This is the story of Lester Ballard, played by mumbling, scabby Franco protégé Scott Haze, who came to New York recently to star in a disastrous Off-Broadway play called The Long Shrift, also directed by his mentor. The play (and especially Mr. Haze’s performance in it) was critically eviscerated, and when Child of God was shown last year at the Venice Film Festival, Mr. Haze’s incoherence required it to be screened with English subtitles. What does this tell you, besides how much smarter you’ll be if you stay home? Set in the ’60s in the backwoods of Sevier County, Tennessee, Child of God is about a redneck misfit and world-class freak, rejected by society and turned into a caveman with a penchant for humping corpses. Don’t say I didn’t warn you.
When the county sells off Lester’s father’s property for non-payment of taxes, he retreats to an abandoned shack in the forest and becomes a mud-caked recluse, sleeping on the dirt floor with a loaded rifle by his side. When he was 10 years old, he watched his daddy commit suicide by hanging himself, and Lester has never been right in the head again. Now he sometimes wanders off and kills somebody’s livestock for food, but his favorite thing is catching birds with his bare hands and ripping their heads off with his teeth like the deranged “geek” attractions in carnival side shows.
The film is an exercise in tedium, hot-socketed to life by an occasional shock effect, like Mr. Haze defecating for the camera. But its big moment comes...
In a seemingly perfect community, without war, pain, suffering, differences or choice, a young boy is chosen to learn from an elderly man about the true pain and pleasure of the "real" world.
Review by Louise Keller:
Like Pleasantville, The Giver makes effective use of black and white imagery in its depiction of a reality in which there is control, order and a mechanical life with no feeling. Emotions are compared to the wind - something felt and not seen, and as colour seeps in, a whole new world is opened up to a population whose time-tabled existence is filled with obedience and diligence. With consummate skill, director Phillip Noyce orchestrates all the complexities of the tale and its parallels with the state of the world, blending together its fantasy and thriller elements with a rich emotional heart. I was enthralled, stimulated and moved. It's a hero's story, a tale of redemption and one in which the heart holds the key.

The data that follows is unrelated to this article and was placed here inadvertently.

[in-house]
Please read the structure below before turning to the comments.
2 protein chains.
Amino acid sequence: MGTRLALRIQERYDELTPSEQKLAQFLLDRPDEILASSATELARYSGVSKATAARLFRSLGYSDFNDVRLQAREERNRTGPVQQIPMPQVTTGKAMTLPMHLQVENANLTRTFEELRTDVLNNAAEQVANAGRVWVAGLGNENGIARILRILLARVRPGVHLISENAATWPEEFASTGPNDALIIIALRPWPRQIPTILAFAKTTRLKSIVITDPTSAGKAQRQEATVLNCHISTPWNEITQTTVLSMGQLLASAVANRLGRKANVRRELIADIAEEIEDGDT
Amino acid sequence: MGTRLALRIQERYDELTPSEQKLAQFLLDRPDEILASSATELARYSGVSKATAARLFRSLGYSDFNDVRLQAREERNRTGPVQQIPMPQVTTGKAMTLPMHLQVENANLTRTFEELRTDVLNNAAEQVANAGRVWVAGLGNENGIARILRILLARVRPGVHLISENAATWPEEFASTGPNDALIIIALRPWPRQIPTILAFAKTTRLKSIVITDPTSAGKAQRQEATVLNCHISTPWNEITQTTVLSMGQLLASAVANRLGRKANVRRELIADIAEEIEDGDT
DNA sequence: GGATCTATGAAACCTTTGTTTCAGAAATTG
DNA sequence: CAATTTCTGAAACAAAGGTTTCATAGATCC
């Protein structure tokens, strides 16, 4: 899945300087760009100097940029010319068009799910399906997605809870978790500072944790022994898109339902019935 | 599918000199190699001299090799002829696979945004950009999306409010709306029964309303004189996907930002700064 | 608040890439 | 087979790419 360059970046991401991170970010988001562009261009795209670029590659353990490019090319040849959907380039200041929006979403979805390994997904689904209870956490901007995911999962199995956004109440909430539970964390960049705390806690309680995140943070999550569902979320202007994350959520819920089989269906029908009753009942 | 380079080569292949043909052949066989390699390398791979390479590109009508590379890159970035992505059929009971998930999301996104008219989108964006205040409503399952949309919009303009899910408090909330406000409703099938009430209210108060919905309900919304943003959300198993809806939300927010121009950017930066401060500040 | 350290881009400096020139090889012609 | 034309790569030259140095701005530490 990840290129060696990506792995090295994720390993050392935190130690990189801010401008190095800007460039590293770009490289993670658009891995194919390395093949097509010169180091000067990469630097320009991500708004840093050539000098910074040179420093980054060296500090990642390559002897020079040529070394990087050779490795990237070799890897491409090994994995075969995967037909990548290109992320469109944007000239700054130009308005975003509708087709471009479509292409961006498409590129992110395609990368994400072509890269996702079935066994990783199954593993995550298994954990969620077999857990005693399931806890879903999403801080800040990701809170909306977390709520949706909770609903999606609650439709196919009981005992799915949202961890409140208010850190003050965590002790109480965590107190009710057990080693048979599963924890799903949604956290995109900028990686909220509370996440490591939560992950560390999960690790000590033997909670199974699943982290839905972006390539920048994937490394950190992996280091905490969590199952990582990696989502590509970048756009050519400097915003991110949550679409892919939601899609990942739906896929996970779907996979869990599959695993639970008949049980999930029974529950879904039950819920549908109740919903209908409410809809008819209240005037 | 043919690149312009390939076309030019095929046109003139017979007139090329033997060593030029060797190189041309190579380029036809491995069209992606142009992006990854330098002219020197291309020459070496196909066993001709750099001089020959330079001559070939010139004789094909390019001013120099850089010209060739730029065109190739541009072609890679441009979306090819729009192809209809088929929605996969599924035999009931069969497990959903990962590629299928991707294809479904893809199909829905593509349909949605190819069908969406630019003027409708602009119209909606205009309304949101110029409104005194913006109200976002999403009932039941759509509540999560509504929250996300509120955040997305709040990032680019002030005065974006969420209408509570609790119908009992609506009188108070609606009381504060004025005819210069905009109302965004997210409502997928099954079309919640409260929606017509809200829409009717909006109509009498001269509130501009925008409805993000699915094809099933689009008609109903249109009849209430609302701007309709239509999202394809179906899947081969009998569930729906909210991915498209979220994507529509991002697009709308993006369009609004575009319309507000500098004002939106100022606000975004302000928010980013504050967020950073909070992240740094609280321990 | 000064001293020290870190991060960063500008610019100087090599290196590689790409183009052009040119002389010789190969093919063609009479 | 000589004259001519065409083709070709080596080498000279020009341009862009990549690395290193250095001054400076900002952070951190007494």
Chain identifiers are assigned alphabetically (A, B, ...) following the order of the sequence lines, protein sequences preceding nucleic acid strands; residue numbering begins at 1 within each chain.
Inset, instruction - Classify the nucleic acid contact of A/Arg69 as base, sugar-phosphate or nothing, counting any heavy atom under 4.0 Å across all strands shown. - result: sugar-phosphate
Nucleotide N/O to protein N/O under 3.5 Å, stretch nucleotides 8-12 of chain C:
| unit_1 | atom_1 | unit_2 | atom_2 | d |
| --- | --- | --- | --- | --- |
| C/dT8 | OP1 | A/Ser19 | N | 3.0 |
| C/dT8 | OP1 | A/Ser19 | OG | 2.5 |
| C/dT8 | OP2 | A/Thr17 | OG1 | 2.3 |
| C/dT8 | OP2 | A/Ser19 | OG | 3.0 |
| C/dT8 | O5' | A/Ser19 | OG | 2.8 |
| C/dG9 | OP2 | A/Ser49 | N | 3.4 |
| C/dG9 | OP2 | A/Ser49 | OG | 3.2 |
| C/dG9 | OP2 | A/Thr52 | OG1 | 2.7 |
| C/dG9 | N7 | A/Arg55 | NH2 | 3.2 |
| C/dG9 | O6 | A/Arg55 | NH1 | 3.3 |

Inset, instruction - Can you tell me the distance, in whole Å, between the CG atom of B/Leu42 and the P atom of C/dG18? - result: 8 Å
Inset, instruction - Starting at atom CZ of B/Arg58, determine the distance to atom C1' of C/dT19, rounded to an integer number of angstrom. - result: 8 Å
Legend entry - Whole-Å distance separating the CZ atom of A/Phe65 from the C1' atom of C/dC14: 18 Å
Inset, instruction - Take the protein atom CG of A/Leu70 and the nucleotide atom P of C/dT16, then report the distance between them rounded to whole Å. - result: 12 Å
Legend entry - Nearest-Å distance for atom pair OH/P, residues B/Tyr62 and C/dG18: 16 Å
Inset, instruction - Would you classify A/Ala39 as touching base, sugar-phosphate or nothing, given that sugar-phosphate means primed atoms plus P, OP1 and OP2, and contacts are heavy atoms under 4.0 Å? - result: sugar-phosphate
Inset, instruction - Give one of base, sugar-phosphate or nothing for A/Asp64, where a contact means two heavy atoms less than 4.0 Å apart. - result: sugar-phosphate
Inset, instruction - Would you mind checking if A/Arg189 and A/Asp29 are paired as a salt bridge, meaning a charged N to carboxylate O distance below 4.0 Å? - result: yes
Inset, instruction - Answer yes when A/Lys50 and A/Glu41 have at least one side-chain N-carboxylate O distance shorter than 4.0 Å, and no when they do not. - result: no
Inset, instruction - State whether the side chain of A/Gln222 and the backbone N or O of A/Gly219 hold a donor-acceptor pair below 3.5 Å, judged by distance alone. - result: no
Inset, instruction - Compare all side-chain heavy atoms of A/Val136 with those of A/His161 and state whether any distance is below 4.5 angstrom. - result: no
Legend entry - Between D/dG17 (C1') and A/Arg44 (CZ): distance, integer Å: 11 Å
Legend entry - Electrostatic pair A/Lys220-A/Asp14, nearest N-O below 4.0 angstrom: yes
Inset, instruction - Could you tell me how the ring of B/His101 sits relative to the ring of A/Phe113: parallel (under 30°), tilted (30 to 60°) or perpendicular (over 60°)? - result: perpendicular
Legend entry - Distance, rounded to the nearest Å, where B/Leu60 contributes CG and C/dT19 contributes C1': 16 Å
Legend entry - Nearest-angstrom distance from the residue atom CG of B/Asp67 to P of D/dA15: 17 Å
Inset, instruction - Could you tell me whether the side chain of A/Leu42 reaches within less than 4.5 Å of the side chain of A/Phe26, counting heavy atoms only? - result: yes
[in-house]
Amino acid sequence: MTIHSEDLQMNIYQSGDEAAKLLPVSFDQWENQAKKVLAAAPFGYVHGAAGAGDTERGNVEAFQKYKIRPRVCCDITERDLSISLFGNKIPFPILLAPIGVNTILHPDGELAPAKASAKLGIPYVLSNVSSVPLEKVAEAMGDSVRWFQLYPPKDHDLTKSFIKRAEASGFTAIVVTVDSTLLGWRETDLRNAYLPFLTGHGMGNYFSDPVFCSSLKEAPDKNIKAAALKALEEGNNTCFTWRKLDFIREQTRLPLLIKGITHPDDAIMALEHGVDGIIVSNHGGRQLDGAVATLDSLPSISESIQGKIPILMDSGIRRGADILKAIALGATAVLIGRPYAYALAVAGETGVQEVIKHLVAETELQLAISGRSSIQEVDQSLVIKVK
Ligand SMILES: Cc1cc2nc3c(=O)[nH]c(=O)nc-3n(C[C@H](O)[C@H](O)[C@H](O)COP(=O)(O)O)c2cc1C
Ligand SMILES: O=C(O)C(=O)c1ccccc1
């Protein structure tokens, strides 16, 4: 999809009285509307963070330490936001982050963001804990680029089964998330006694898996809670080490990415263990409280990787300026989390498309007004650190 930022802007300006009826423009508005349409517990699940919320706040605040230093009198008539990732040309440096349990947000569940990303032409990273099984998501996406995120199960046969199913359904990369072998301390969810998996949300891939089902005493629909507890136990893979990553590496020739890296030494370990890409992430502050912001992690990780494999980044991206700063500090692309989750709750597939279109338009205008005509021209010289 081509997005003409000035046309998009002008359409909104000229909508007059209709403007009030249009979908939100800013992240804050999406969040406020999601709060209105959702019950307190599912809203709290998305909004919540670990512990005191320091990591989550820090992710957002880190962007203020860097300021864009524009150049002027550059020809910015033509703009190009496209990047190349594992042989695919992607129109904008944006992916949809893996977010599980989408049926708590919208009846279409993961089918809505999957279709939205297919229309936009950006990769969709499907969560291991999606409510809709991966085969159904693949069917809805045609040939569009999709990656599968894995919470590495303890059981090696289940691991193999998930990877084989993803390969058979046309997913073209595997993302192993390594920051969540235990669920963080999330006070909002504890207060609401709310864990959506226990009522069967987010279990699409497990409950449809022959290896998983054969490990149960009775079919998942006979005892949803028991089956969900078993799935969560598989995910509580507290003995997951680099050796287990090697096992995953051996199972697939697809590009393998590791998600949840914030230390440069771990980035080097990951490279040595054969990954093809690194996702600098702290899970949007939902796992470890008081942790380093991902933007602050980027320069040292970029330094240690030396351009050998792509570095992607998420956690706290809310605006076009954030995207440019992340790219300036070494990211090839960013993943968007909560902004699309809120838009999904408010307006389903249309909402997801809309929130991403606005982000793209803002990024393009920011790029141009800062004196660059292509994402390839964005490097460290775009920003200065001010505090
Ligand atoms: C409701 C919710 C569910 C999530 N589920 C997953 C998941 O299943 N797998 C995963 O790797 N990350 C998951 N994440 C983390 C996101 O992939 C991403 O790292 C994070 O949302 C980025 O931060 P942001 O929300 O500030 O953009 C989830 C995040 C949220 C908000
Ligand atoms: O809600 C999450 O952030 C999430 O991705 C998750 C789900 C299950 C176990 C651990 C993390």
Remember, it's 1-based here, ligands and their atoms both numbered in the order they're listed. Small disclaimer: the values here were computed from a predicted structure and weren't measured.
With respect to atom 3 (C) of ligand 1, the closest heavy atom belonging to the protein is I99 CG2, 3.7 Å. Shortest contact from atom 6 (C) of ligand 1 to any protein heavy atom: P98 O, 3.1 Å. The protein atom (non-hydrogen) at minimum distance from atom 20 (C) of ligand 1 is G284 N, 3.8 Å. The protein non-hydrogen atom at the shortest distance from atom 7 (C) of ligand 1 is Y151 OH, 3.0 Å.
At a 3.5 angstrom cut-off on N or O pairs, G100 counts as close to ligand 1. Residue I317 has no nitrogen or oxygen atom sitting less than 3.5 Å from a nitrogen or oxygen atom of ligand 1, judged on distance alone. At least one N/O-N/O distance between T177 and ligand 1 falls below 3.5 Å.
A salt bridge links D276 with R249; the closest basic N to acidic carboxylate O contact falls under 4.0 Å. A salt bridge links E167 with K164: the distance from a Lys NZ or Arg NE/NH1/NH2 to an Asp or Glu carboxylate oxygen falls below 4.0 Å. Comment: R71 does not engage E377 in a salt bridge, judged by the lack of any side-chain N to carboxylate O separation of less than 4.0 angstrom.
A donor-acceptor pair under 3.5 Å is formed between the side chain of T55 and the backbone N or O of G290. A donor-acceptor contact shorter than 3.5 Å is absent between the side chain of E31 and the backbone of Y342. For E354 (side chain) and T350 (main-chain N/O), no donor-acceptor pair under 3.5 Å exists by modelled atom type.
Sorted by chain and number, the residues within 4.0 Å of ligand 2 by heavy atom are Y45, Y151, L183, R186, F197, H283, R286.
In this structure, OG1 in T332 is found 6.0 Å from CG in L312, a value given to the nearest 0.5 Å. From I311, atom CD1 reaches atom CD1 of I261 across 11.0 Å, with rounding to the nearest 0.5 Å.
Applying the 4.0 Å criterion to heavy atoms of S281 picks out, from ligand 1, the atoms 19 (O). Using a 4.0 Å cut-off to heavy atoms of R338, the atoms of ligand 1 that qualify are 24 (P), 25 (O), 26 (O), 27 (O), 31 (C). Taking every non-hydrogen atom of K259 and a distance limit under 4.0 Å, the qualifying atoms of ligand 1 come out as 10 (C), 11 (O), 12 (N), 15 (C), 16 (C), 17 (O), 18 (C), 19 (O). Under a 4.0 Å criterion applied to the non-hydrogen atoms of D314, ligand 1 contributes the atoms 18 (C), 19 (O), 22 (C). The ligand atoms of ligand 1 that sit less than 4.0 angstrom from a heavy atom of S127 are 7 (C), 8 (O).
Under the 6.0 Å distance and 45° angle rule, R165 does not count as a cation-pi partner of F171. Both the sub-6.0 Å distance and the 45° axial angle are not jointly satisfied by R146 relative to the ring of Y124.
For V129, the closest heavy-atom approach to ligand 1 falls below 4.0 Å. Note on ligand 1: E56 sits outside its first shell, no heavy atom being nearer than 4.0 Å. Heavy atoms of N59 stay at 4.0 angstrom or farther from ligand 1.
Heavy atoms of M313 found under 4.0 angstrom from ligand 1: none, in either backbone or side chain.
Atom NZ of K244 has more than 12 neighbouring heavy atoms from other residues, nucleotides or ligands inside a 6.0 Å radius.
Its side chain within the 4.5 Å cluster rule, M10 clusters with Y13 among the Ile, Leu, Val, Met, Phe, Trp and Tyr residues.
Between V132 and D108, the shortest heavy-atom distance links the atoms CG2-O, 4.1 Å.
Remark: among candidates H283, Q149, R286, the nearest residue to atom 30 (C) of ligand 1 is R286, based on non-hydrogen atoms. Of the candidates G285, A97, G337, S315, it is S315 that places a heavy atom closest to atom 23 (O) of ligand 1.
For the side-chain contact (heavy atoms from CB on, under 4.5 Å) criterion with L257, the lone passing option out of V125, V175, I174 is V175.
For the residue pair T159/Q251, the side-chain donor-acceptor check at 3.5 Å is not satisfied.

By making the protagonist of Lois Lowry's award-winning children's book older, screenwriters Michael Mitnick and Robert B. Weide have opened up the possibilities for a hungry tween audience, casting the hunky Aussie star Brendan Thwaites in the role as the reluctant hero and clean-cut, good looking rebel. But the film is not only for tweens. The sign of a good film is one that transcends all ages, and this is the case here. Thwaites is instantly likeable and we can relate to the integrity in his eyes and his spirit. Jeff Bridges (also credited as one of the producers) is ideally cast as The Giver who imparts his knowledge and memories of the forgotten world to Jonas (Thwaites), his gruff persona matched by a gravelly voice that rivals that of Nick Nolte.
The scenes in which The Giver telepathically and physically passes his memories to Jonas are extremely moving - from the initial exhilarating snowboarding through an indescribably beautiful snowy wonderland to devastating moments of ugliness in war. Through Jonas' impressionable eyes we experience it all, including the revelation of his feelings for Fiona (Odeya Rush, lovely) and his connection with the ever-crying baby Gabriel, played by four cute and responsive babies.
The rest of the supporting cast is excellent, including Meryl Streep as the austere, controlling Chief Elder and in a nice touch, singer Taylor Swift appears in a memorable scene in which she introduces Jonas to music. Alexander Skarsgard and Katie Holmes are suitably...
It may be called “The Giver,” but the film adaptation of Lois Lowry’s beloved novel is awfully stingy in its offerings.
Set in the sort of dystopian society that has become the norm in these not-so divergent hunger games, the film covers familiar themes of confinement and repression that can only be eradicated by cunning teenagers portrayed by former child actors now in their 20s. In this case, that would be 25-year-old Australian Brenton Thwaites. Brenton who? Exactly! And there’s a reason you’ve never heard of him: He can’t act.
But he sure is pretty, which is why he’s here; so love-struck teenage girls will hand over their allowances to the Weinstein Co. just to get a good long look at him. Giving money to “The Giver” is just one irony among many in a film that totally misses the point of the 1993 novel it’s based on. That point being the inherent dangers of sameness. But sameness is what “The Giver” clings to like a security blanket. There’s nothing here you haven’t seen before, or themes that have not been better explored. But that’s just the cusp of its unrelenting dullness.
The real yawner is the script by newcomer Michael Mitnick and a guy who has spent most of his career writing documentaries, Robert B. Weide (“Lenny Bruce: Swear to Tell the Truth”).
Given their lack of feature film experience, it’s little shock that neither has a clue about how to create drama and suspense, let alone humor, an element sorely missing in “The Giver."
They may be true to the novel’s plot, but they inject none of the nuance or the deeper meanings of Lowry’s prose about the ugliness of perfection. It’s all surface. I can’t help but wonder if that simplicity is more out of need than oversight, given the limited abilities of the film’s young actors, none of whom are going to make you forget Meryl Streep. But then Streep (from under a horrid Cleopatra wig) does a good job of that on her own, sleepwalking through her role as the grand poobah of “the community,” the colorless, weatherless, war- free state where “The Giver” is set. It’s a land of conformity that has eliminated all human emotion, including – apparently – Streep’s Oscar-winning elan.
The only person exempt from this Stepford wife vibe is the Giver, a wizened old sage who is charged with stockpiling...